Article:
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5 Ways to use social media to spice up your next museum trip

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April 18, 2014 By: Lisa Nielsen

Apr 17

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4/17/2014 10:17 PM  RssIcon


It’s not uncommon for today’s children, brought up in a fast-paced, digital world, to become bored and uninterested when visiting cultural institutions. It doesn’t have to be that way though. Sometimes the first step to enjoying art is to look forward to a museum visit as something that is fun. Social media can provide a great way to engage young people during a trip to museum, landmark, or other cultural institution. At the same time, it might just connect them to a new community of others who share a love of arts and culture that they didn’t know they had.

Here are some fun and innovative ideas for teachers and parents to try on their next field trip.

1) Get social to create enthusiasm
Many of today’s cultural institutions have social media spaces such as Twitter, Facebook, and Instagram. Before your trip check out what the institution, and those that visit it, are saying. What is going on currently at that location that is of interest? Have the young people who will be visiting the institution take a look and make a plan for the upcoming visit. Don’t forget, real people are administrators and contributors to these sites, so consider asking them some questions, conversing and building some enthusiasm in advance.

2) Use hashtags
Pick a hashtag for your trip and use it for capturing all the cool things you find. You can use the hashtag for Twitter, Instagram, Vine, Facebook, and Google plus, then collect them all in one place using a service called Tagboard.com. This is a fun way to document your trip using your favorite social media platforms. You can see an example of what that looks like at https://tagboard.com/museumhack.

3)  Thinglink
ThingLink makes images interactive and brings them to life. Simply take a photo and give it touch points that lead to music, video, text, images, and more. Before going to a museum, print out the museum map. As young people go through the museum have them take pictures and make videos. These can become touchpoints on the digital jpeg of the image. Thinglink allows multiple users to edit, so if there are several young people who went on the trip, they can each bring to life their area of the museum. You can see an example of what this looks like here http://www.thinglink.com/scene/500859588443111424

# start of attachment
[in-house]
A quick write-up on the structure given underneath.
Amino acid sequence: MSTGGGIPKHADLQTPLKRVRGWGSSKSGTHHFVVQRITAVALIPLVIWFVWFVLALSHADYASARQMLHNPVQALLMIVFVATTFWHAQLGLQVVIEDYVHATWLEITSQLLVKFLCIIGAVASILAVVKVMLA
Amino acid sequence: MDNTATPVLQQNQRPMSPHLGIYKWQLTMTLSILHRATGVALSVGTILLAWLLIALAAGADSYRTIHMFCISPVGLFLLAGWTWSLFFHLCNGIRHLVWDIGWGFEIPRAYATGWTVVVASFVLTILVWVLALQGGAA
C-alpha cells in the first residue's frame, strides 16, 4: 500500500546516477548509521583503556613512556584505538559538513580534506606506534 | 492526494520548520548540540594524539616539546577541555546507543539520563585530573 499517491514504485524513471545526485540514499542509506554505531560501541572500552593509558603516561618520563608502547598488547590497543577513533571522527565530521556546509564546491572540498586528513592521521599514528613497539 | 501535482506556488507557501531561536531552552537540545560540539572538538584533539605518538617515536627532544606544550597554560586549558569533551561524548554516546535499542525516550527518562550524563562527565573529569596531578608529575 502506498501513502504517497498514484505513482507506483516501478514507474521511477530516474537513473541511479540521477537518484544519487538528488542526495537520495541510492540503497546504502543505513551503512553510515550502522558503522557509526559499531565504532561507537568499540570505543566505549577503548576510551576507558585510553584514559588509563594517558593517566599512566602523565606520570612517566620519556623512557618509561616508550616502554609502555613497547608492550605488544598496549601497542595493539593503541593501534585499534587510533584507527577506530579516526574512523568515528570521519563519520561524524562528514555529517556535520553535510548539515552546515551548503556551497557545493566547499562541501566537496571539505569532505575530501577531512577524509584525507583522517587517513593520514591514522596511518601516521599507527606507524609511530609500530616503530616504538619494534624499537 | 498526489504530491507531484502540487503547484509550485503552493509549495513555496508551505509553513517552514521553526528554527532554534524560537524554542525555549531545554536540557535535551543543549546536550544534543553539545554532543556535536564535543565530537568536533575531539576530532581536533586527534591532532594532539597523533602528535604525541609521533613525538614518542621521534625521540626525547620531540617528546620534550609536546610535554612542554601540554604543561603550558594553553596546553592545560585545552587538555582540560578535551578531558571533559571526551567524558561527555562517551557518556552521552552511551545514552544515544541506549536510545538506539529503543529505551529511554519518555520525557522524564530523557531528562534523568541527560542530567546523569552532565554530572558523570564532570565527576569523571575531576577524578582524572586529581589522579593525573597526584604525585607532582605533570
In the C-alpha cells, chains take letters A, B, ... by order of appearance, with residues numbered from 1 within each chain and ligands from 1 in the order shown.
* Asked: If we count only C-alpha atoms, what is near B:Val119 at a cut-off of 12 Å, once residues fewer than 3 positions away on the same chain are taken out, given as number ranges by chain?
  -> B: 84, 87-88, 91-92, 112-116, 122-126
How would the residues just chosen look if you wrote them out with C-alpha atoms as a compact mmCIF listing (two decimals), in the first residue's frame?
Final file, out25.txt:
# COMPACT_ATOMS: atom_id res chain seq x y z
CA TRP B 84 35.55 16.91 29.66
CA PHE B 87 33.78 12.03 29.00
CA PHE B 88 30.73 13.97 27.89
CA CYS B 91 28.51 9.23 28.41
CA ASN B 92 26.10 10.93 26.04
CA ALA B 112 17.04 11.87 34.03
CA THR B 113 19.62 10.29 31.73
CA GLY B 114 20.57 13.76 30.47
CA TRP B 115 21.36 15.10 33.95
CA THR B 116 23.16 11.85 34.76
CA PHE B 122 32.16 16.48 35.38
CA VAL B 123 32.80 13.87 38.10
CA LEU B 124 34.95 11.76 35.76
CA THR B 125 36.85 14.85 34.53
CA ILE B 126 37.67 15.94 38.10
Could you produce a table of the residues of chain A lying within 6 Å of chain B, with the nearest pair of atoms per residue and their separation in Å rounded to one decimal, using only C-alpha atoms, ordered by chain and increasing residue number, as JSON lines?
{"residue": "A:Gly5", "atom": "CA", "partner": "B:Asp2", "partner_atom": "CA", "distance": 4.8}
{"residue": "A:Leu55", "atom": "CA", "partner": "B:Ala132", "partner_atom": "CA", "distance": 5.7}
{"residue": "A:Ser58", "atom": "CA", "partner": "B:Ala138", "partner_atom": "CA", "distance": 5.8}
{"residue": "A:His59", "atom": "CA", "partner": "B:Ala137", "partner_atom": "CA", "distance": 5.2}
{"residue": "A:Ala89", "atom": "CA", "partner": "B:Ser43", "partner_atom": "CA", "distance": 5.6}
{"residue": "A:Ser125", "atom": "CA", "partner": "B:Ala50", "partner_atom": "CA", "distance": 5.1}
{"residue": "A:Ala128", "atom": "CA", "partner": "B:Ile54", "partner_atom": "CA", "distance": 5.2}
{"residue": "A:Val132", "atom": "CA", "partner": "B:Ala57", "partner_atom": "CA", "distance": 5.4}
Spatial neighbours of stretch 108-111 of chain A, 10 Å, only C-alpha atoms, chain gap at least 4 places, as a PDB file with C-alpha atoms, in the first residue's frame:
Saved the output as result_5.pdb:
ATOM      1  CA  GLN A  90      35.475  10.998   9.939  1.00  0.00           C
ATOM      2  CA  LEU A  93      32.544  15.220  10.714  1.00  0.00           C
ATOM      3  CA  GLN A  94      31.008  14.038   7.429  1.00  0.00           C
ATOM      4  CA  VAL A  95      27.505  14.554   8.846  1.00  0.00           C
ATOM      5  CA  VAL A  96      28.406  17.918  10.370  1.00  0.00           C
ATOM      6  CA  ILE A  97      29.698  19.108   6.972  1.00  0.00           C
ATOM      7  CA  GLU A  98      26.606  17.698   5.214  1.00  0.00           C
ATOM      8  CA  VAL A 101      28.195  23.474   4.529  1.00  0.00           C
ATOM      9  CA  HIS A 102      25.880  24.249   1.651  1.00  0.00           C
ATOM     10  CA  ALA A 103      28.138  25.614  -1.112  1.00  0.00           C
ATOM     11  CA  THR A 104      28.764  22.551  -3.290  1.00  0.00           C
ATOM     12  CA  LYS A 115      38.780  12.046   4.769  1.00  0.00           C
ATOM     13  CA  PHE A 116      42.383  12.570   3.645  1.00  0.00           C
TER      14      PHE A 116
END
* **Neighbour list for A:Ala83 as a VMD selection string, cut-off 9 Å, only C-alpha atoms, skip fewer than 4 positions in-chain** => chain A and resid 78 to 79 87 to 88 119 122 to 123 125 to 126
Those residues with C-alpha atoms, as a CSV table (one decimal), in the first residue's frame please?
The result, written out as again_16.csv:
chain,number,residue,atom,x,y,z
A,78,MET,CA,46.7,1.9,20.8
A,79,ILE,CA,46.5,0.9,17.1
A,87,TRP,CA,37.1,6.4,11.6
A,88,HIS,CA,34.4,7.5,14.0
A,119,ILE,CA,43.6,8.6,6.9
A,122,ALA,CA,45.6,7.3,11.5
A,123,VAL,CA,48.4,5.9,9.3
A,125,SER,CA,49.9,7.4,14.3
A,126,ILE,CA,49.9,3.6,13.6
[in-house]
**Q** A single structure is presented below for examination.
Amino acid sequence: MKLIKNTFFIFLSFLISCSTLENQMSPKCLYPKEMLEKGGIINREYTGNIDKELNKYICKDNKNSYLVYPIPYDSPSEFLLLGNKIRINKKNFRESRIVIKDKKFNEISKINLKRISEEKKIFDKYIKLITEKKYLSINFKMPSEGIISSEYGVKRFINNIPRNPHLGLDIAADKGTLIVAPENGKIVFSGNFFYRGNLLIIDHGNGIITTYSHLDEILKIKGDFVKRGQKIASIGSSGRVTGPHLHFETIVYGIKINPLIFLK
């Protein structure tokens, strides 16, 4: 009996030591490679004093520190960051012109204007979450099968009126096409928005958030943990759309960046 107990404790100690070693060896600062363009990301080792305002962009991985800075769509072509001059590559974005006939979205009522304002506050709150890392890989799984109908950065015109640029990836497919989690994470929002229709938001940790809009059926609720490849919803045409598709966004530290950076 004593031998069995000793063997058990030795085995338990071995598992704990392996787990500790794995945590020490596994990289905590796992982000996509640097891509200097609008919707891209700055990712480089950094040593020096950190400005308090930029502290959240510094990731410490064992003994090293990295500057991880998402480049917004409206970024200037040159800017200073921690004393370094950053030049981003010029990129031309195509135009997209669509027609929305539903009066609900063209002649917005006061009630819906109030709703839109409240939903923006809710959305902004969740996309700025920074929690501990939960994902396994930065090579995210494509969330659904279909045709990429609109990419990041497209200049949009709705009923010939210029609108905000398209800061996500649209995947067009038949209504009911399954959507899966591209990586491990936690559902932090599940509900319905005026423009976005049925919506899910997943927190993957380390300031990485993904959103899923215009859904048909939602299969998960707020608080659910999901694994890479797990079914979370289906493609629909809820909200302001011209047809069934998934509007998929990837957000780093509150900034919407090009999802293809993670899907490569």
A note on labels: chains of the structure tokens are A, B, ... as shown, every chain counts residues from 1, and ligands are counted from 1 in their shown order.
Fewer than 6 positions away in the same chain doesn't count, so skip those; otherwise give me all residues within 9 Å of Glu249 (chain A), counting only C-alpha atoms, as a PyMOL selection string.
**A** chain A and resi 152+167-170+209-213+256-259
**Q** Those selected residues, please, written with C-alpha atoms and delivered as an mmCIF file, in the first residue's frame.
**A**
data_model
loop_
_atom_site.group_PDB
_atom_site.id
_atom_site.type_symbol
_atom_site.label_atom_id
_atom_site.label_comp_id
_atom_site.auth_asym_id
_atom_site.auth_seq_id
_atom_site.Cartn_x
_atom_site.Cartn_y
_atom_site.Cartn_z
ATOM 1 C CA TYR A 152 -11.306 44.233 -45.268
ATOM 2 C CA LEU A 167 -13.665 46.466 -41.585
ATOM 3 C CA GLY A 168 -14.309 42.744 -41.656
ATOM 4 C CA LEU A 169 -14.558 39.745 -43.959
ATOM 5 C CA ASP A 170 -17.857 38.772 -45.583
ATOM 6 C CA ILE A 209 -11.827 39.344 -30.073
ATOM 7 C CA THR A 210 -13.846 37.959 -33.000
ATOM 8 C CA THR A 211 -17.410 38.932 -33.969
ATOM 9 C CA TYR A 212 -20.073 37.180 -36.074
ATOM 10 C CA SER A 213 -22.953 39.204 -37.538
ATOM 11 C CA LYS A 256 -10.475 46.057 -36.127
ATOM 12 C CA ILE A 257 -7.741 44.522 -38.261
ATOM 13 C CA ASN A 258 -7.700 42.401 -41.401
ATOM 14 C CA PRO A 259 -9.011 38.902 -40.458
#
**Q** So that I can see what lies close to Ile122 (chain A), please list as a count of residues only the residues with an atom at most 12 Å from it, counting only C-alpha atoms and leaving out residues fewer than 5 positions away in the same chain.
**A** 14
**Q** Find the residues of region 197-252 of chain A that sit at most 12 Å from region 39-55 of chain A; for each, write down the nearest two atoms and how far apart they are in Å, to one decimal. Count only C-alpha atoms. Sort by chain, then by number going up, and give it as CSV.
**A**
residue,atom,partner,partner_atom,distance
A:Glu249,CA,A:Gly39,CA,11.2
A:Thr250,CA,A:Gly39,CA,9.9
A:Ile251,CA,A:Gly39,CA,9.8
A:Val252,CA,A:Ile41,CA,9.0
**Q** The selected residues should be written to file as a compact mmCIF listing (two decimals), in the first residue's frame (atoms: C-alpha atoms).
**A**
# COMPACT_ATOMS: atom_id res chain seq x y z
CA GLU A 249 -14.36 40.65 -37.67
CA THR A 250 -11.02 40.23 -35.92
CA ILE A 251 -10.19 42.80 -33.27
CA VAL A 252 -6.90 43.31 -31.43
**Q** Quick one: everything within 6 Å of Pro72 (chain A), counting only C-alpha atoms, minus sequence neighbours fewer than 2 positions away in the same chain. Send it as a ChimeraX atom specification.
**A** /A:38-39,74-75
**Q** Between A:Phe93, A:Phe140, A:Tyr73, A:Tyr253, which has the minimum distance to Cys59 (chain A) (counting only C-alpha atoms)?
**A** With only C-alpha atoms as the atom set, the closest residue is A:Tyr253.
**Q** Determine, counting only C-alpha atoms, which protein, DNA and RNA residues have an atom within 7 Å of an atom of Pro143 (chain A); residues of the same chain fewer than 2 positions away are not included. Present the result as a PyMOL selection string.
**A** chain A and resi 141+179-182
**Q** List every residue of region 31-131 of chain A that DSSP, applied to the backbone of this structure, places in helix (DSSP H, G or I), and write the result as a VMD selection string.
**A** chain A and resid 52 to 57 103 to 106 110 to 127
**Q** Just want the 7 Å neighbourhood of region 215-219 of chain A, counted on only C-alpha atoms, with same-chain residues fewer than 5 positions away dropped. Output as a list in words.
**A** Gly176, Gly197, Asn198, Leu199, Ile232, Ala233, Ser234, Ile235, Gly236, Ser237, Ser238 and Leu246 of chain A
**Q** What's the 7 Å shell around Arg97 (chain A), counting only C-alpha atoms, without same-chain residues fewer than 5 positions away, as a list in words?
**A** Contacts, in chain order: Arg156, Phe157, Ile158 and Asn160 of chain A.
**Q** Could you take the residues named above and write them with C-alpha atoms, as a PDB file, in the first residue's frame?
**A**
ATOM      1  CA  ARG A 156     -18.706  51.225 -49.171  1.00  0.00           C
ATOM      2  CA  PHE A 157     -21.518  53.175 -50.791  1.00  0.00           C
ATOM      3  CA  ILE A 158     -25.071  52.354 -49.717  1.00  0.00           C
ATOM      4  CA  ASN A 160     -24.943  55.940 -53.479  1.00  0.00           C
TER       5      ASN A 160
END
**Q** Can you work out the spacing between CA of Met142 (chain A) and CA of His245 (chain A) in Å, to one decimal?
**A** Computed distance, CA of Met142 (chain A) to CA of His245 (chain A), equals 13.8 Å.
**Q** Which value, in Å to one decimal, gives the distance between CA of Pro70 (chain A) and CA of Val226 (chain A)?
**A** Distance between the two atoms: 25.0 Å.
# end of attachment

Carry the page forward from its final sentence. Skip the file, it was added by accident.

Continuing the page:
4) Yelp Review
There’s no better way to turn young people off from visiting a cultural intuitions than to ask them to turn what they experienced into a report. Instead, write a Yelp review to share with the world. You must be 18 to contribute to Yelp, so this would be done by a parent or teacher with the input of those who joined them. Not only is this a great way to authentically share knowledge, you can also see what others said about the institution as well.

5) Sketching for connecting with a community
Are you taking teens on a field trip who love to sketch? Encourage them to sketch away using a sketching app like Paper which is known for both its simplicity as well as its sharing functionality which some call the Instagram of sketching. Built in tools let you share on Twitter, Tumblr, and Facebook and connect with others who sketch using the #MadeWithPaper hashtag. You can also submit a creation to the site.

Cultural institutions suffer from a perception of being stodgy places, but it’s not enough to throw up our hands at “kids today.” These are voracious consumers of popular culture who thrive on social connections and social media gives us yet another entry point to help them understand and love the creations of others. Try a few of these ideas and you might be pleasantly surprised to have the young people in your life begging to go on the next trip to the museum. 

For even more ideas visit http://education.answers.com/outside-of-school/innovative-ways-to-turn-museum-trips-into-a-fun-learning-experience

Lisa Nielsen writes for and speaks to audiences across the globe about learning innovatively and is frequently covered by local and national media for her views on “Passion (not data) Driven Learning,” "Thinking Outside the Ban" to harness the power of technology for learning, and using the power of social media to provide a voice to educators and students. Ms. Nielsen has worked for more than a decade in various capacities to support learning in real and innovative ways that will prepare students for success. In addition to her award-winning blog, The Innovative Educator, Ms. Nielsen’s writing is featured in places such as Huffington Post, Tech & Learning, ISTE Connects, ASCD Wholechild, MindShift, Leading & Learning, The Unplugged Mom, and is the author the book Teaching Generation Text.

 

Disclaimer: The information shared here is strictly that of the author and does not reflect the opinions or endorsement of her employer.

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